Compared to the previously known anchoring plates which could be fixed on only one vertebra at a time, the anchoring plates 1 according to the present invention make it possible to minimize the number of plates that need to be fitted. By reducing the number of anchoring plates required, the number of incisions in the patient that are needed for implanting the osteosynthesis system are reduced, in particular when the osteosynthesis system extends along a substantial length of the vertebral column. It is thus possible to minimize the trauma experienced by the patient, the time needed for implanting the device, and the number of components used. Moreover, since the anchoring plates 1 are secured across at least two vertebrae 8, 8′, the anchoring plates 1 can be firmly secured on vertebrae that have a relatively small size, such as the upper thoracic vertebrae. Other types anchoring plates can of course be used in conjunction with the anchoring plates 1 according to the present invention. For example, one or more anchoring plates that are configured to secure to just one vertebra can be incorporated into an osteosynthesis system that further includes at least one anchoring plate 1 according to the present invention, which is secured across two vertebrae.
 While the invention has been illustrated and described in detail in the drawings and foregoing description, the same is to be considered as illustrative and not restrictive in character, it being understood that only the preferred embodiment has been shown and described and that all changes, modifications, and equivalents that come within the spirit of the inventions described herein and/or defined by the following claims are desired to be protected.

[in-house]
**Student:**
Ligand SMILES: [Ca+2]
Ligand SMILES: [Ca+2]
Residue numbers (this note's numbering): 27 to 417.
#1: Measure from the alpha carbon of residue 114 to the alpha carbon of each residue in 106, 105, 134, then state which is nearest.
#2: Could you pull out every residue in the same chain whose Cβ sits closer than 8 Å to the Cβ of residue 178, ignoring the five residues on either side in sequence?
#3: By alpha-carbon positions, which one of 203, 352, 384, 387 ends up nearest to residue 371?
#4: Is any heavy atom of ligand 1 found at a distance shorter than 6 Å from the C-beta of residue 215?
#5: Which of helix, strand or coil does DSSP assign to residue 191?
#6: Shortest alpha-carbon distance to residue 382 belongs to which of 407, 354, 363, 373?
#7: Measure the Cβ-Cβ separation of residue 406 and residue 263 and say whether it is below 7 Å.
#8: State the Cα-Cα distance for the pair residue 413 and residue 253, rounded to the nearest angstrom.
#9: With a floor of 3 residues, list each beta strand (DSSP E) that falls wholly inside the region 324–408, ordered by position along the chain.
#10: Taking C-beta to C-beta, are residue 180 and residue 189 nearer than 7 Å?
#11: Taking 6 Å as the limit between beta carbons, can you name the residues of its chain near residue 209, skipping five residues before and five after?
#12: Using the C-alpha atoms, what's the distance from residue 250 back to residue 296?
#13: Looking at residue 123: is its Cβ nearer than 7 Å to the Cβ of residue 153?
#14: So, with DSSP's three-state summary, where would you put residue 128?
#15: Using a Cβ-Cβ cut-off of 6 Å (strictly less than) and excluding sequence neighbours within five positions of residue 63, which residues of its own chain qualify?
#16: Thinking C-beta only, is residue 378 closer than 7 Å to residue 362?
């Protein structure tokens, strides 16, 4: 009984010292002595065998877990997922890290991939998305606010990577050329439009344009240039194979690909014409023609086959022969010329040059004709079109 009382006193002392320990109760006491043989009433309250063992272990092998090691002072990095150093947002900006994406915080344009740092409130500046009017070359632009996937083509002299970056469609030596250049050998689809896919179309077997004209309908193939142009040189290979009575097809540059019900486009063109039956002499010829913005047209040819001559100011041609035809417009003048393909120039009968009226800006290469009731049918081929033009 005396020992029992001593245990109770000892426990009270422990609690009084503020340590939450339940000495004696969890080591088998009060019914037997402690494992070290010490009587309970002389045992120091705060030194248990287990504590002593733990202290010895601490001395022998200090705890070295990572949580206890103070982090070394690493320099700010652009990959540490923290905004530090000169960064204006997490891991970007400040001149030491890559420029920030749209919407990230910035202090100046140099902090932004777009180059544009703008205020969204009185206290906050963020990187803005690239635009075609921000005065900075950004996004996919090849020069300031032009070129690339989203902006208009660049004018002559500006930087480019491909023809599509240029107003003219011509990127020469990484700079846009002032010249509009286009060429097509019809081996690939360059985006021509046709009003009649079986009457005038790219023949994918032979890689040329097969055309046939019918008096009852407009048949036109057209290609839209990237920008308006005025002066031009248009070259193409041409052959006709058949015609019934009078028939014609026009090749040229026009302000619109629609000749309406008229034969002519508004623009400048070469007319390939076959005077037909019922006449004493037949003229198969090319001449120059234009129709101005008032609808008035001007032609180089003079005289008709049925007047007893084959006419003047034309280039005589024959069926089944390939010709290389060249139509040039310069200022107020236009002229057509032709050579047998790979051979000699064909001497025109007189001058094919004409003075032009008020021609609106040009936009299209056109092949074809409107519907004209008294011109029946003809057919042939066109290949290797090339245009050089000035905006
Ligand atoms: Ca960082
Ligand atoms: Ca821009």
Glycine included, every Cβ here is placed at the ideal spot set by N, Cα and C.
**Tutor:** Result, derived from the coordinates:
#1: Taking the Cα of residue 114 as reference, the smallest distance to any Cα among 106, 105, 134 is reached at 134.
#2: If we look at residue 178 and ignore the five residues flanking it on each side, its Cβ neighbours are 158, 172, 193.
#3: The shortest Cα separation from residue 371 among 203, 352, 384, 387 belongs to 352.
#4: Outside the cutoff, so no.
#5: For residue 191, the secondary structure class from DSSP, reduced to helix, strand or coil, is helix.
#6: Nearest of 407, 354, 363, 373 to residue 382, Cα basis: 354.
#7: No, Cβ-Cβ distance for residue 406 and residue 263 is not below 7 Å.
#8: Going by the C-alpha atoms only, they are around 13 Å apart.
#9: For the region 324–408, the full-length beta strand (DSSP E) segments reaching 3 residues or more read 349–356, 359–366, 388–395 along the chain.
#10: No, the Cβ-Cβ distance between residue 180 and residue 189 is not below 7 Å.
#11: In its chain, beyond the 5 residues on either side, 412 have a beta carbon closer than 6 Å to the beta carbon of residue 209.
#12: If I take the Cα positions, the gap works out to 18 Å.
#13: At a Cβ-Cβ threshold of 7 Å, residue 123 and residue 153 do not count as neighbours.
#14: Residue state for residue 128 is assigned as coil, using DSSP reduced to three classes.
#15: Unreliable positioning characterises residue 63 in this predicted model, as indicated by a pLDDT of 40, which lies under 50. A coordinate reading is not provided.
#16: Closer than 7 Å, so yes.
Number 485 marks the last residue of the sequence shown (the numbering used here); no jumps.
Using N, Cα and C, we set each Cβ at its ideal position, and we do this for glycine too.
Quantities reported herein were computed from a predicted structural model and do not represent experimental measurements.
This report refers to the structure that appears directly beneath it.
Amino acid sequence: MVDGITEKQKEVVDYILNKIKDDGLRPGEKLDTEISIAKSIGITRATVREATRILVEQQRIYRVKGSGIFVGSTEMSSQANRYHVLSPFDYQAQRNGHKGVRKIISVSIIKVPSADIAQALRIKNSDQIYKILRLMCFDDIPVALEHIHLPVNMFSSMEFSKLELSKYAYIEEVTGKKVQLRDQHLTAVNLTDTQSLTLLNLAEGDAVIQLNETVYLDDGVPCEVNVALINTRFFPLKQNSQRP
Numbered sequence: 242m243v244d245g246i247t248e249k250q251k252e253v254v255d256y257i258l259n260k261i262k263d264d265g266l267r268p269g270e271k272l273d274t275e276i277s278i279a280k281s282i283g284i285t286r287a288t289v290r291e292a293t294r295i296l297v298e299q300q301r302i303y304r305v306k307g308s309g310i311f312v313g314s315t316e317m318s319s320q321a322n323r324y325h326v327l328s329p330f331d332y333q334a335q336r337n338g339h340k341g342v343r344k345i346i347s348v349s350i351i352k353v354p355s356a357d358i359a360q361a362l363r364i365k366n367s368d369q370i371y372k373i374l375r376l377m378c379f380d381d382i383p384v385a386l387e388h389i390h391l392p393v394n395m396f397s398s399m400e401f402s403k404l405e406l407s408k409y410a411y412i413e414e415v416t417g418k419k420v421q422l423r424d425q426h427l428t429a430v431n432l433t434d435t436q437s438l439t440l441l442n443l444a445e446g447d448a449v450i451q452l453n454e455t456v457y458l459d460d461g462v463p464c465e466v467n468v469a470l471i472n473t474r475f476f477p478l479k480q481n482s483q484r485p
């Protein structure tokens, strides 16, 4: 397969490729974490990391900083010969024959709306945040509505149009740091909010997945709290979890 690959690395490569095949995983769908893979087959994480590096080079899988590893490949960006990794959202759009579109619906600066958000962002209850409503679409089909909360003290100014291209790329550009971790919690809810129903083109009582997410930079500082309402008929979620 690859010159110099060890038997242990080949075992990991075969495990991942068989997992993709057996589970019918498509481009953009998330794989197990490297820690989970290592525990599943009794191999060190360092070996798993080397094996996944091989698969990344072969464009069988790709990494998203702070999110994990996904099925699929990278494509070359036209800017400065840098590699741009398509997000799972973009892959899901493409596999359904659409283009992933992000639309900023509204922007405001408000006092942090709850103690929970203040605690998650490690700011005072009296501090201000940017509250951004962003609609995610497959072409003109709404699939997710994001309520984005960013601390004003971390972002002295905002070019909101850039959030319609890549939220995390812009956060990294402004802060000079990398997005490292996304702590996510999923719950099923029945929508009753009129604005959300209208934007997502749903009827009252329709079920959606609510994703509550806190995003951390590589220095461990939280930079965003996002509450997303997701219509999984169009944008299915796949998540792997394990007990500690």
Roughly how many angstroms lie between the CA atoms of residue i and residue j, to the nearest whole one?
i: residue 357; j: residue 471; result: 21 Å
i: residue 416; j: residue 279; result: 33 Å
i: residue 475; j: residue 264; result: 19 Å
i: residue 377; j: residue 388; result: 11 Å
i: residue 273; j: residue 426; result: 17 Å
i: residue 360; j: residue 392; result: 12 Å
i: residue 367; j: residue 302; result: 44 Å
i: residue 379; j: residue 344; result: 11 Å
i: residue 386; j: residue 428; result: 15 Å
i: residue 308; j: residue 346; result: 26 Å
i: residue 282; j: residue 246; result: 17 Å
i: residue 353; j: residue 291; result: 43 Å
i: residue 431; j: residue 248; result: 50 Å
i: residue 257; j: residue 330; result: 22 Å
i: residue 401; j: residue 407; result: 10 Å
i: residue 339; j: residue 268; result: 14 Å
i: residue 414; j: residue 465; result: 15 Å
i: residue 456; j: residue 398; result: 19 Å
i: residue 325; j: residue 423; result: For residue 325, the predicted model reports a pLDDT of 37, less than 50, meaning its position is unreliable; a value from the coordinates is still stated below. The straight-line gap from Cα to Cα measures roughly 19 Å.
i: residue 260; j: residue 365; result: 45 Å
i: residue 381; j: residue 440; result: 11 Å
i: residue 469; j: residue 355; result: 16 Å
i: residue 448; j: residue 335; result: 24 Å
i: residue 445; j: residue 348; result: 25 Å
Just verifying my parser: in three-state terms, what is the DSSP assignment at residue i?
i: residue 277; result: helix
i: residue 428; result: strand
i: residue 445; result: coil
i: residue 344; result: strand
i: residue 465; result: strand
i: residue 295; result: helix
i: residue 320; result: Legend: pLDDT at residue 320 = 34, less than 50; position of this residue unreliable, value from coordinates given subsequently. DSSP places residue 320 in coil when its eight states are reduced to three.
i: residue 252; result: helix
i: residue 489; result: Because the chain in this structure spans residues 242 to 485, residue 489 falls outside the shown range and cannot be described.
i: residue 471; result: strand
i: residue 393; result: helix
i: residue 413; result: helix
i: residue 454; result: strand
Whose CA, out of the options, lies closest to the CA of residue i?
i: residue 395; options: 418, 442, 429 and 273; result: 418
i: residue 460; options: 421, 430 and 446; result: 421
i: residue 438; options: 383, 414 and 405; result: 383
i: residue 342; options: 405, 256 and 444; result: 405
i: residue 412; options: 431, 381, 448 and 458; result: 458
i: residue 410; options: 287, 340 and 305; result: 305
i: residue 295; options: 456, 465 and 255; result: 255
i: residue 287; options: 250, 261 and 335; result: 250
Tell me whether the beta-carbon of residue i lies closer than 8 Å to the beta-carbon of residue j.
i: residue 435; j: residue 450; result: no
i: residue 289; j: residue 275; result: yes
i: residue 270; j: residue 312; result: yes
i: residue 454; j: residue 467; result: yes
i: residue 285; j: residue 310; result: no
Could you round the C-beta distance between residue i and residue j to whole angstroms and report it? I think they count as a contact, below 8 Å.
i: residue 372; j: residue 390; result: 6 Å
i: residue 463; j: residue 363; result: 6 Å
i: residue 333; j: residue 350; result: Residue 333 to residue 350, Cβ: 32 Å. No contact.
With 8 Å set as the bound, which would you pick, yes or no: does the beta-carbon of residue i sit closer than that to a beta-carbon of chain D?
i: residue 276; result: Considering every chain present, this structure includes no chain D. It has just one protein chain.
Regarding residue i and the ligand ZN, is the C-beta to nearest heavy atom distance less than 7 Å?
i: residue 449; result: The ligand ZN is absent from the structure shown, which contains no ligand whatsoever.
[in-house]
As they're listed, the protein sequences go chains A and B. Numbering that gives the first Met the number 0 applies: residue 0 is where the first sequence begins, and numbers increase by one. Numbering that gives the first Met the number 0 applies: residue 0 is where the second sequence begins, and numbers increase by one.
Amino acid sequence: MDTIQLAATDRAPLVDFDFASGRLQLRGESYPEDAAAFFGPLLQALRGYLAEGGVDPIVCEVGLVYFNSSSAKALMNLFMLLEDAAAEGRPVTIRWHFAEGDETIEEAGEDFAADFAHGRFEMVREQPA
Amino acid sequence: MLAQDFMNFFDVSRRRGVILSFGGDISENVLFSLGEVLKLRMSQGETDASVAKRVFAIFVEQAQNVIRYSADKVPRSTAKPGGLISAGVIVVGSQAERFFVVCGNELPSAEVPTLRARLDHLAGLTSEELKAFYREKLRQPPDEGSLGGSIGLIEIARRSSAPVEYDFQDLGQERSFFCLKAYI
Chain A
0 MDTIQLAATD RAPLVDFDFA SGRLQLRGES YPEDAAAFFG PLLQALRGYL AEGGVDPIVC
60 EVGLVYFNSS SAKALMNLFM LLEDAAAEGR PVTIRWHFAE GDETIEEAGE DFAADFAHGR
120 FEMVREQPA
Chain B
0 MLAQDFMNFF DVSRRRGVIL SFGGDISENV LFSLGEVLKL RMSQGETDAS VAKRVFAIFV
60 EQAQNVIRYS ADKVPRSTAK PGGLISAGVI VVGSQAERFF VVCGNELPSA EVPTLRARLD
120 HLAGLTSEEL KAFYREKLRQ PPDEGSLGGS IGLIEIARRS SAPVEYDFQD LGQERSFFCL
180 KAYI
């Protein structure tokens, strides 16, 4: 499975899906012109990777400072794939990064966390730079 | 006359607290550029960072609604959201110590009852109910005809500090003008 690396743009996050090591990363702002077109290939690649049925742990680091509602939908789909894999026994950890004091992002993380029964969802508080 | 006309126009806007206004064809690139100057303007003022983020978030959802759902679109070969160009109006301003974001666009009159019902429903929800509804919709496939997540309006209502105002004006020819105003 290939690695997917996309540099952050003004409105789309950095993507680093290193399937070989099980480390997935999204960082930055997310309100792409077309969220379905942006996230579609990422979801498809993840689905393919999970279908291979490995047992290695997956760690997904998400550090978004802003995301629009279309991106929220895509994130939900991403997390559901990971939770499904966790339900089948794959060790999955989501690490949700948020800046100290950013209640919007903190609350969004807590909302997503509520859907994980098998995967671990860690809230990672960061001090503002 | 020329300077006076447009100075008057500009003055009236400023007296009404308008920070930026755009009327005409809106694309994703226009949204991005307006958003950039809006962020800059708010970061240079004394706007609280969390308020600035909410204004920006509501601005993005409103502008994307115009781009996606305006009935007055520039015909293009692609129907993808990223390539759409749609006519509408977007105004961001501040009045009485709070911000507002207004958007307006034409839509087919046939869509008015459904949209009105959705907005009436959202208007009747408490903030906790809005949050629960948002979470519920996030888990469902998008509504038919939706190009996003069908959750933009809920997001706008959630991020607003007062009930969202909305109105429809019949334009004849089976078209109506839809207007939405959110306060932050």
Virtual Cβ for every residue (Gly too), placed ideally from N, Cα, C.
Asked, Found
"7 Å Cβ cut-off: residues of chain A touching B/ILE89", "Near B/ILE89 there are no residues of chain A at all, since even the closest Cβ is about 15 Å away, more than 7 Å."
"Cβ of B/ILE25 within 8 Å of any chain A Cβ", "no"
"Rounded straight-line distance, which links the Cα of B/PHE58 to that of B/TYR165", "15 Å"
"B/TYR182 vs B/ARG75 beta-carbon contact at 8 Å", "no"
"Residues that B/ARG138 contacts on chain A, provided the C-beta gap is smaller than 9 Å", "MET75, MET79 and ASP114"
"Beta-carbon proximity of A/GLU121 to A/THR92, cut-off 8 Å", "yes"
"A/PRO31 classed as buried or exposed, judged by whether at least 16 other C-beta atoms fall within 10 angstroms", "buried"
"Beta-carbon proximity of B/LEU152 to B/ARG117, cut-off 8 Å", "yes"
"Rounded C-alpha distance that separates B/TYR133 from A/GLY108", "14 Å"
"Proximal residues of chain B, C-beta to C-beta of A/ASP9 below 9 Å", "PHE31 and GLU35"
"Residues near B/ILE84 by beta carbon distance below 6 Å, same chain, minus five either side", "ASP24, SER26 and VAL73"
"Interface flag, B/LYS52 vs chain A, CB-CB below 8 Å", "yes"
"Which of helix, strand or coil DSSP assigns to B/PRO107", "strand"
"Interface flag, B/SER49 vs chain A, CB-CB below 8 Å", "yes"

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|US2151733||May 4, 1936||Mar 28, 1939||American Box Board Co||Container|
|CH283612A *||Title not available|
|FR1392029A *||Title not available|
|FR2166276A1 *||Title not available|
|GB533718A||Title not available|
|Citing Patent||Filing date||Publication date||Applicant||Title|
|US7850719 *||May 25, 2005||Dec 14, 2010||Warsaw Orthopedic, Inc.||Spinal implant apparatus|
|US8795338||Oct 14, 2011||Aug 5, 2014||Warsaw Orthopedic, Inc.||Anti-splay member for bone fastener|
|US20060106382 *||May 25, 2005||May 18, 2006||Jose Gournay||Spinal implant apparatus|
|U.S. Classification||606/264, 606/279, 606/278, 606/273|
|Cooperative Classification||A61B17/7007, A61B17/7044|
|Nov 12, 2003||AS||Assignment|
Owner name: SDGI HOLDINGS, INC., DELAWARE
Free format text: ASSIGNMENT OF ASSIGNORS INTEREST;ASSIGNORS:ROUSSOULY, PIERRE;CHOPIN, DANIEL;BRUNEAU, LAURE;AND OTHERS;REEL/FRAME:014693/0135
Effective date: 20031110
|Dec 27, 2007||AS||Assignment|
Owner name: WARSAW ORTHOPEDIC, INC., INDIANA
Free format text: MERGER;ASSIGNOR:SDGI HOLDINGS, INC.;REEL/FRAME:020309/0212
Effective date: 20060428
|Jun 22, 2011||FPAY||Fee payment|
Year of fee payment: 4
|Jul 29, 2015||FPAY||Fee payment|
Year of fee payment: 8